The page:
Plumtree dance makes waves in country


This shows that culture can be spread through art competitions as this year the main dance of the Jikinya dance competition for primary is the amabhiza dance.

The dance constitutes 70 percent of the marks and all dance groups are to do the dance with another traditional dance piece.

Matjinge Primary School has been on a national tour, which began last week on Saturday.

The school performed their dance at the national launch of Culture Week held at Bindura University of Technology in Mashonaland Central.

Thereafter their tour took them to Harare, then Midlands in Shurugwi, on Wednesday they were in Bulawayo and on Thursday they wrapped up their tour in Kezi at Chief Nyangazonke’s homestead, where the Matabeleland South provincial launch of Culture Week launch was held.

The man behind the school, Lucious Ncube, has a passion for traditional dance.

Saturday Leisure, during the week, took time to speak to the man behind the success of Matjinge Primary School.

Ncube said there was no secret to his success because there was no substitute for practice as this was the only way to perfect the amabhiza dance.

He said the problem that people had was they were consulting the wrong people to teach them the dances.

“These contemporary cultural groups teach people the wrong things when it comes to our dances. They have diluted the dances because they have modernised them and then we do not know the correct dances. We should shun them and consult the elders to do these dances,” said Ncube.

He said before they went for the Jikinya Dance Festival they went into a two-week camp with Inqama yophondo to perfect their dance.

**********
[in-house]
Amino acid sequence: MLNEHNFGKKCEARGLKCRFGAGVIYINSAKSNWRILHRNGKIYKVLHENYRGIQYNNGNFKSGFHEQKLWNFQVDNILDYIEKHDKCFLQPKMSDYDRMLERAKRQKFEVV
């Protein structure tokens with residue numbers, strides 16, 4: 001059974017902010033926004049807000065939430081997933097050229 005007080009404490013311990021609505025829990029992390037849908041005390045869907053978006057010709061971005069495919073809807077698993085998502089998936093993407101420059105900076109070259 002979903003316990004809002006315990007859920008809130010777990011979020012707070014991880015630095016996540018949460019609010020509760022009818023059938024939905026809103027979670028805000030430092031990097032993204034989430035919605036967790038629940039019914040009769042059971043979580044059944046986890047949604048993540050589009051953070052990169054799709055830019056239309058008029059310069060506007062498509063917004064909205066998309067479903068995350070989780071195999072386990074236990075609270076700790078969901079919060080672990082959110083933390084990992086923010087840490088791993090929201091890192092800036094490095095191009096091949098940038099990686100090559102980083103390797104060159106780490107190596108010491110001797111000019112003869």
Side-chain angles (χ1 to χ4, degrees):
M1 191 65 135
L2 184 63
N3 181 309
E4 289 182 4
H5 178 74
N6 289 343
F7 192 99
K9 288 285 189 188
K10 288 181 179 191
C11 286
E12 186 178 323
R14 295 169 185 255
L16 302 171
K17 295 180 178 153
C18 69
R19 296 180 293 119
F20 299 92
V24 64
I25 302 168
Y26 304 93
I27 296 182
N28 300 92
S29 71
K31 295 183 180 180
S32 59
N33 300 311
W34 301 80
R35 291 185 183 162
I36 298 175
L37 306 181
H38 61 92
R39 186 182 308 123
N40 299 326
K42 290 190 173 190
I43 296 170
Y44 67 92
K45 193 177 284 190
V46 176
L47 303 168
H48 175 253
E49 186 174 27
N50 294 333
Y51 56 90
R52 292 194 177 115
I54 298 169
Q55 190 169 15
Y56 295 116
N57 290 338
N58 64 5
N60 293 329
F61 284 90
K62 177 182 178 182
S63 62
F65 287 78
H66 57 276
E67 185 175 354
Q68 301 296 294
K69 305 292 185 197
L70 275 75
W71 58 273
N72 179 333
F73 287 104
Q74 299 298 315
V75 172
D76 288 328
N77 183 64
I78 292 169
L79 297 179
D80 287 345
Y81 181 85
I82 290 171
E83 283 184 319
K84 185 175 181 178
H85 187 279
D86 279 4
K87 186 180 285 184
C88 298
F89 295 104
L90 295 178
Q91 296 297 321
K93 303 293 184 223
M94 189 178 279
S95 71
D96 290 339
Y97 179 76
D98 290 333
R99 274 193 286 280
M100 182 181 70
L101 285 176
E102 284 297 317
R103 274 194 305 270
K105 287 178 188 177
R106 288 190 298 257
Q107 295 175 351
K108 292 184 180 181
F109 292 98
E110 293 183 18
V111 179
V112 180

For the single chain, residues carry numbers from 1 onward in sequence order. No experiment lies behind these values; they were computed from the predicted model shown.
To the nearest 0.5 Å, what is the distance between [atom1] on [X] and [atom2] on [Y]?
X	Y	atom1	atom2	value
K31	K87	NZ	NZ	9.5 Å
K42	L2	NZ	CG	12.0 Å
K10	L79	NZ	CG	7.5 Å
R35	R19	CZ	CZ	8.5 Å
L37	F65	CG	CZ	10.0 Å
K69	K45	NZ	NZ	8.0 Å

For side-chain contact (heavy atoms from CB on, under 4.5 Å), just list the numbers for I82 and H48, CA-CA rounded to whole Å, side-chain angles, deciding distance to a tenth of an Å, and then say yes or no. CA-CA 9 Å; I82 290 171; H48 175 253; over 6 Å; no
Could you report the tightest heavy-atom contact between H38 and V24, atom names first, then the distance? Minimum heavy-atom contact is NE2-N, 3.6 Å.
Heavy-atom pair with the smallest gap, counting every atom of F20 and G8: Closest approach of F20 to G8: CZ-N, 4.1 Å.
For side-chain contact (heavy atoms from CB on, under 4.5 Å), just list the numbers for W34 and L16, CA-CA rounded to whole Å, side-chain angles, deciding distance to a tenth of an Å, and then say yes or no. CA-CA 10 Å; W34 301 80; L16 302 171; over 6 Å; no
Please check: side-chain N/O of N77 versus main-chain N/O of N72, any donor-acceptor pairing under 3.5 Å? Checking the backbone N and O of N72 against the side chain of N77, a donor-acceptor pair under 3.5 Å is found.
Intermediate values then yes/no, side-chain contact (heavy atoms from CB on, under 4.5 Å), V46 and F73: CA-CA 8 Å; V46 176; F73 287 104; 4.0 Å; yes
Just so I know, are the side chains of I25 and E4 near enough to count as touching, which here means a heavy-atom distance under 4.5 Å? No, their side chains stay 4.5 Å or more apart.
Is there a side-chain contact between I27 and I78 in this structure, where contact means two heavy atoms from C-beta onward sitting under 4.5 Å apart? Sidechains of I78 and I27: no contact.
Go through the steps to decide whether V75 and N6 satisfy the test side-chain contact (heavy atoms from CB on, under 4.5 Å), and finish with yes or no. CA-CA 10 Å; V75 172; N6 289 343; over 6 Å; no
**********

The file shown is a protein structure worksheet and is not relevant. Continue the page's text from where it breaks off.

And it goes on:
“These elderly people are from the Ematojeni area of Matobo and they taught us the correct way to do the amabhiza dance. We realised that it was better to use their expertise to come up with a unique dance,” said Ncube.

He said amabhiza was a complicated dance that could not be taught in a day hence the need for constant practice.

“This dance is not like Macheso’s Zora Butter, it is complicated and that is why people take long to catch on. There are things like the coordination of the three drums and the use of the mandobo to control the dancer,” said Ncube.

He said the dance was called amabhiza because the dancer would be trying to emulate the movements of a horse.

“The male dancers will use horse tail hairs which are called itshoba that they will throw about and dance in step while the women clap and sing while some play the drums. The drums harmonise  to create the beat,” said Ncube.

He said the attire for the dance comprised black and white and his passion for perfection made him convince his headmaster to source the school’s attire from South Africa.

“The attire is black and white, no other colour. When you see red those colours are for the traditional healers, called izangoma or amantshomani. The way I pay attention to detail made me look for the costumes that these pupils are wearing from South Africa,” said Ncube.

He said children should be taught the traditional dances from a young age so that by the time they are mature they are perfect.

“Teach them as young as when in Early Childhood Education. We have one pupil who was in grade three last year and he has been a revelation, think of him when he gets to Grade Seven,” said Ncube.

He said his passion for art has pushed him to create a group called Matjinge Stars, which has entered the Chibuku Road to Fame finals in Gwanda next month.

“We want to win that prize money and we are going to Gwanda to win. I have passion for traditional dances to be revived so that we can teach them to our children,” said Ncube.

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